One of the most successful artists of Op art was Bridget Riley, who became famous on both sides of the Atlantic after her work appeared in the exhibition ‘The Responsive Eye’ in New York in 1965. Interest in Riley’s 1960s’ work, and in Op art more widely, has been revived over the past decade, which followed years of critics saying her works had “no content” and did “not lend themselves to intellectual exploration.” This talk will consider how Riley’s work from that period can be read in relation to the Cold War, the increasing impact of science and technology on everyday life, and conflicting desires both to embrace materialism and to reject it in favor of a more spiritual basis to life.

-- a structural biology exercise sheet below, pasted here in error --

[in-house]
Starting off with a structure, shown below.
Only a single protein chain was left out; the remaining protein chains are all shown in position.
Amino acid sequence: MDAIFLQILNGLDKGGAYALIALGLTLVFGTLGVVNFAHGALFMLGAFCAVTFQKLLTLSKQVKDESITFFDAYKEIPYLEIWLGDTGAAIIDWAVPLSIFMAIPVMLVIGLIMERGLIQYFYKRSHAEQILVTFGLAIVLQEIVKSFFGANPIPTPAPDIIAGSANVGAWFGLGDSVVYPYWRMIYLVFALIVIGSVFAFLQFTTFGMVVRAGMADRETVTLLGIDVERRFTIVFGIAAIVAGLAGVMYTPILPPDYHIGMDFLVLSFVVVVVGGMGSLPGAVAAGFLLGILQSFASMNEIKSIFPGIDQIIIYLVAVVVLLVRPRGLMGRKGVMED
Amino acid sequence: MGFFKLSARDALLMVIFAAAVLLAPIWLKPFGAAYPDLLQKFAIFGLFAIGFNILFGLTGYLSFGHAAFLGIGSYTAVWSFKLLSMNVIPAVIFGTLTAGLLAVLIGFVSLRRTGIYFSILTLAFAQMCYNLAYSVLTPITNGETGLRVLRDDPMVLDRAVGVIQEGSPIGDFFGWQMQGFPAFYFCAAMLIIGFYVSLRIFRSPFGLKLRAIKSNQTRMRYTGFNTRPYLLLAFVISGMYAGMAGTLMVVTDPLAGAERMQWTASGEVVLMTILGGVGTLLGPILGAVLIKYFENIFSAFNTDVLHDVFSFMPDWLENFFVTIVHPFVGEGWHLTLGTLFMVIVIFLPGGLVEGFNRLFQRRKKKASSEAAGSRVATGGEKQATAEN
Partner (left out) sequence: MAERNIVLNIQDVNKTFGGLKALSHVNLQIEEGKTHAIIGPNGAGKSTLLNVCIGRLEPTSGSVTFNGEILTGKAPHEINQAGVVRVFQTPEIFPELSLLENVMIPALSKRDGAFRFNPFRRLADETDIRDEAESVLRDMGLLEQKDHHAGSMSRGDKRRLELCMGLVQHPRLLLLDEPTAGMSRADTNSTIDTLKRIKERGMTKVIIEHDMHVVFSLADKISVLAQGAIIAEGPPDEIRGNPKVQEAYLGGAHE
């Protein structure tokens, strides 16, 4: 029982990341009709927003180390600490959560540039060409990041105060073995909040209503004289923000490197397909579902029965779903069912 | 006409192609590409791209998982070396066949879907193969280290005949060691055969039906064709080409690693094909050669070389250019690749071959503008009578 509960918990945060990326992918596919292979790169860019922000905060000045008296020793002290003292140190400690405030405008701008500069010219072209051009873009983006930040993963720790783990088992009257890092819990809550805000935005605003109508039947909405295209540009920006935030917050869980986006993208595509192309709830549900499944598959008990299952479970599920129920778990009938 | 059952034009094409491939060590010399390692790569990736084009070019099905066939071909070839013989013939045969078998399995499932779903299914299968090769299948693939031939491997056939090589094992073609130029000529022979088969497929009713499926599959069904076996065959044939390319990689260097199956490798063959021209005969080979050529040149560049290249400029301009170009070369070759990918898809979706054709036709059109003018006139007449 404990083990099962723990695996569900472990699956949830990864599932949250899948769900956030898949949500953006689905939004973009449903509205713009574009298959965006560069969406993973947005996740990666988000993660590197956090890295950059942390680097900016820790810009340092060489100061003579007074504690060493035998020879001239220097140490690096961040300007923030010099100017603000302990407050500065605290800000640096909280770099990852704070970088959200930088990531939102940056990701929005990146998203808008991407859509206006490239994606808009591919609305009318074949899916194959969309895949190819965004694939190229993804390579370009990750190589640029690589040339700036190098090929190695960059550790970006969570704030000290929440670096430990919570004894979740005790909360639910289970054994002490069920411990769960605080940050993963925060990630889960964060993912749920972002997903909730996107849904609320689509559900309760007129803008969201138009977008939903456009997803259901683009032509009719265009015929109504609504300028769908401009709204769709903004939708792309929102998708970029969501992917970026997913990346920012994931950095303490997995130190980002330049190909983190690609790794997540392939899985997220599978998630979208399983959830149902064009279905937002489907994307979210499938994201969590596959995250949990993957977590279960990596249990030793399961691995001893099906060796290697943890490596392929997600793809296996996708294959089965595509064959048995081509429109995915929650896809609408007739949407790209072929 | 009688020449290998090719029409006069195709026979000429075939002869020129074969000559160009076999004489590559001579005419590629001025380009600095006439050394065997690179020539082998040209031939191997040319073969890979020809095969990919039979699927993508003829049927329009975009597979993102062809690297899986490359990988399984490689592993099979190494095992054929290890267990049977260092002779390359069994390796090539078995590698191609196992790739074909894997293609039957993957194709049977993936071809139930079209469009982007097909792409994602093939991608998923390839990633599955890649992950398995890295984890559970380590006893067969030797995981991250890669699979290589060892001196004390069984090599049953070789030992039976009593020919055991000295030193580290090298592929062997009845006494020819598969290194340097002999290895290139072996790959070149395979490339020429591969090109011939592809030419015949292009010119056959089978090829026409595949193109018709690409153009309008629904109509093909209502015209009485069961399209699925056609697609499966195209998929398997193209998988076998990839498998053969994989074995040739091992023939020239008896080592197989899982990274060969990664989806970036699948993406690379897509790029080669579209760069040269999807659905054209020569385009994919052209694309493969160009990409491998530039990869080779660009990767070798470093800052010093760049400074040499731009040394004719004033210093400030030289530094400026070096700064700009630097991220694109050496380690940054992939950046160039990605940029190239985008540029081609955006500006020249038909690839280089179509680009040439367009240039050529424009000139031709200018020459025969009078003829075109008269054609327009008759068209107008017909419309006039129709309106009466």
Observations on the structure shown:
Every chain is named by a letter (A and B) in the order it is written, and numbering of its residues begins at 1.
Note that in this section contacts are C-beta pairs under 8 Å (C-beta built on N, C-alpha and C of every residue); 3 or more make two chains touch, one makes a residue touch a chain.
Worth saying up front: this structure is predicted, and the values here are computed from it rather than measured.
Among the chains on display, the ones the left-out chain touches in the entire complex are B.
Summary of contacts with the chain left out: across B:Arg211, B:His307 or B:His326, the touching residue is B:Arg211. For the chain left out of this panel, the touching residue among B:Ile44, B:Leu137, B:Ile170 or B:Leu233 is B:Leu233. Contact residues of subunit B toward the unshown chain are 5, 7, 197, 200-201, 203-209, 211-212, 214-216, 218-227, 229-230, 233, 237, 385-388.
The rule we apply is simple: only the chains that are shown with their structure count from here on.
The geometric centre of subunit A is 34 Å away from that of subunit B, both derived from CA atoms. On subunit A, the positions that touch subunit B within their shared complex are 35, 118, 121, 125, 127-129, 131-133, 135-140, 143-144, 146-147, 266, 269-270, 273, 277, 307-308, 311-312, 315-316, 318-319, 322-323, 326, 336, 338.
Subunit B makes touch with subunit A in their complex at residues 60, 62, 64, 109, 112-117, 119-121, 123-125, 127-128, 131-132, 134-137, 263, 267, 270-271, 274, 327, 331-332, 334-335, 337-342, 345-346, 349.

Credits: John Pearson (American, b. 1940) Call #2, 1966. Acrylic on canvas. © John Pearson, courtesy of the Carl & Marilynn Thoma Art Foundation, photo by Jamie Stukenberg.